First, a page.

12 {total < 1}.while{ add_amt = max_add.rand; //... total = total + add_amt; "in while loop".postln; While is a message sent to a function. Remember that receiver notation and functional notation are equivalent. The following two lines are the same: test_func.whilebody_func; whiletest_func, body_func; There are other Control Structures detailed in a help file called Control Structures. Highlight "ControlStructures" and press shiftapple? Problems 1. Rewrite hello world from the first chapter using functional notation. 2. Write if statements using and or and not using Boolean values of true and false to illustrate the truth tables, using all possible combinations of true and false. For example: if! true, {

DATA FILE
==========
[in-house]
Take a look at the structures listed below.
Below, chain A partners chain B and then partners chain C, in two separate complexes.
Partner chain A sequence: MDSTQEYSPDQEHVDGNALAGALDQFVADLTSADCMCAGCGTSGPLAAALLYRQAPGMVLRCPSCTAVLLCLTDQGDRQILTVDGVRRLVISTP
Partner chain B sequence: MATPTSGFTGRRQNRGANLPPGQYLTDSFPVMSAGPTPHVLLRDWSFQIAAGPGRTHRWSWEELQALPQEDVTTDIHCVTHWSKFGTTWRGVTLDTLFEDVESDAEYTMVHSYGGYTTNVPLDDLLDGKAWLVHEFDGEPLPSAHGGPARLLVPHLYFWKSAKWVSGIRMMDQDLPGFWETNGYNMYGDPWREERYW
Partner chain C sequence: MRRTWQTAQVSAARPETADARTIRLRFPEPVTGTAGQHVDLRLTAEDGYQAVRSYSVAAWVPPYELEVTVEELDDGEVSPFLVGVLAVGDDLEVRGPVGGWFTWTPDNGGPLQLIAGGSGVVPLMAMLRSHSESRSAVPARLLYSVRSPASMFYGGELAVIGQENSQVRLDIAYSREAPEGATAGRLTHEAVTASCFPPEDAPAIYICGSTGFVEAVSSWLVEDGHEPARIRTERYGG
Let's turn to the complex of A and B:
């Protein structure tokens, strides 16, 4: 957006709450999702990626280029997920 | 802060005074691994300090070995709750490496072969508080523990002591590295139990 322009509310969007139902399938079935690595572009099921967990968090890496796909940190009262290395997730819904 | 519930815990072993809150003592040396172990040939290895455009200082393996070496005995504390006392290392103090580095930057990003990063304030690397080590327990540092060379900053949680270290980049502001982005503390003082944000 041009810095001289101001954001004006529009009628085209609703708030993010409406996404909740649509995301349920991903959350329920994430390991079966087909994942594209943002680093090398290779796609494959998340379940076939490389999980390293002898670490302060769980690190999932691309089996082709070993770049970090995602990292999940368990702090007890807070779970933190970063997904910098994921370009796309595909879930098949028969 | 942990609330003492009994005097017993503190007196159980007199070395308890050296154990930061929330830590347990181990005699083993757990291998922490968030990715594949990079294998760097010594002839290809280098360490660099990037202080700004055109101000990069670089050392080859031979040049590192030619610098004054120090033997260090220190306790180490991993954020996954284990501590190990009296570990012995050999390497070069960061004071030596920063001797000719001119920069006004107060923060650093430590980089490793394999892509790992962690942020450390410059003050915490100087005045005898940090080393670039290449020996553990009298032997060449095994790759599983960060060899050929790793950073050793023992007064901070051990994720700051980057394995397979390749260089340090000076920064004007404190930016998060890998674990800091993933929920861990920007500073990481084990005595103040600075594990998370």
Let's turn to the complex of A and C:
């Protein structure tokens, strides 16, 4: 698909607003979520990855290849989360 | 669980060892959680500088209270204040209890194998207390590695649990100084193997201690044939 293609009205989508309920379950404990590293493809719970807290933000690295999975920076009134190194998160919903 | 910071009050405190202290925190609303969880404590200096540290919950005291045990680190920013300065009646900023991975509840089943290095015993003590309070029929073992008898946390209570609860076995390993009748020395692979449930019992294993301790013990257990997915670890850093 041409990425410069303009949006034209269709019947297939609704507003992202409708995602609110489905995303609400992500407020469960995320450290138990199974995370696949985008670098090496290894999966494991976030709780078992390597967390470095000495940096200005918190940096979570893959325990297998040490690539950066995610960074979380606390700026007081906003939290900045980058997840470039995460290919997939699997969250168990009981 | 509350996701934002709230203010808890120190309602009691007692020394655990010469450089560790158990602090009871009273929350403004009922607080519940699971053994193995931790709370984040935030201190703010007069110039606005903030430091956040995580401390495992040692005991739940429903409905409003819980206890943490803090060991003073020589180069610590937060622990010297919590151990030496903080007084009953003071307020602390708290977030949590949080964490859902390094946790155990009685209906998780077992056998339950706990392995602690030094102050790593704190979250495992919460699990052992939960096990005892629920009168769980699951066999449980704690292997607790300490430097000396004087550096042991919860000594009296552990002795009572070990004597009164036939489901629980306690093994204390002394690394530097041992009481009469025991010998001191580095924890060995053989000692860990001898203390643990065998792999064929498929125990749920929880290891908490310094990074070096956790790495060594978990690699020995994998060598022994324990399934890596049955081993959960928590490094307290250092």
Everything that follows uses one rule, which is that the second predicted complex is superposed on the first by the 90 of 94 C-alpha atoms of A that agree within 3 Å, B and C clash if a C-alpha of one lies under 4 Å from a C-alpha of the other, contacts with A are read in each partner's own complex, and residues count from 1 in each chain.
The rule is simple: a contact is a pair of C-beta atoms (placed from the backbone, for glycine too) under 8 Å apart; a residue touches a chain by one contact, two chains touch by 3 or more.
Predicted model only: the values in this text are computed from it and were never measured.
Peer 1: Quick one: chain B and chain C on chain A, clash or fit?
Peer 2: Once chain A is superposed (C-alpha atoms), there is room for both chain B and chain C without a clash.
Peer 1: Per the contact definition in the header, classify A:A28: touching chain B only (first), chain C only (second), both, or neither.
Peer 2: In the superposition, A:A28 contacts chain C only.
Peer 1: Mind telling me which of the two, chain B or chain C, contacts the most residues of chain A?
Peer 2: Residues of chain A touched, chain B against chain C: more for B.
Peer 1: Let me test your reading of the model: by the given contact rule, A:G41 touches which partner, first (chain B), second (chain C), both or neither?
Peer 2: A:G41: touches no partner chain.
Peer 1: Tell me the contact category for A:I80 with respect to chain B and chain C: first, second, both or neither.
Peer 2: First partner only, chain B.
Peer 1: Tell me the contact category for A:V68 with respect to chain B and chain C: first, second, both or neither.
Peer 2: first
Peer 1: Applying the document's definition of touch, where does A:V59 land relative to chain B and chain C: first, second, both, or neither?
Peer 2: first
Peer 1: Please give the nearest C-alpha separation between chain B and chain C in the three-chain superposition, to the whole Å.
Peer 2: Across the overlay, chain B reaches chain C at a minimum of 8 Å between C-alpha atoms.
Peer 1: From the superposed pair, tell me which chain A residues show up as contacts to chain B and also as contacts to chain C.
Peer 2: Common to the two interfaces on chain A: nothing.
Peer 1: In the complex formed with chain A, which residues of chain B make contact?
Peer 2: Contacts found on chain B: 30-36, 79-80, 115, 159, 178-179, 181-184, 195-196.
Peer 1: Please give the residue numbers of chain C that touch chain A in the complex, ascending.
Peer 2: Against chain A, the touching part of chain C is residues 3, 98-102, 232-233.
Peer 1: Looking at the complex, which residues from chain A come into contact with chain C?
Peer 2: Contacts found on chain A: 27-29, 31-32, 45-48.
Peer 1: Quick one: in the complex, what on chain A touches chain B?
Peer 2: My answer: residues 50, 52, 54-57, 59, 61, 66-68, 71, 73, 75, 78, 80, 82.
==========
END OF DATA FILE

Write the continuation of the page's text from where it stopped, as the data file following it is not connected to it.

13 What do you expect each of them to print? Did the results you got from running them match your expectations? 3. Write a function with returns a Routine. The function should take three arguments: an array of pitches to chose from, and array of durations to chose from and a total duration for the Routine. Play pitches in rhythm for the duration and then stop. You may wish use arrays of arrays to create rhythmic motifs or repeating pitch themes. Project Some songs, like Bingo or some German drinking songs, leave out particular pitches on repetitions. Write a one or two minute piece that repeats a short phrase but leaves notes out on the repeats.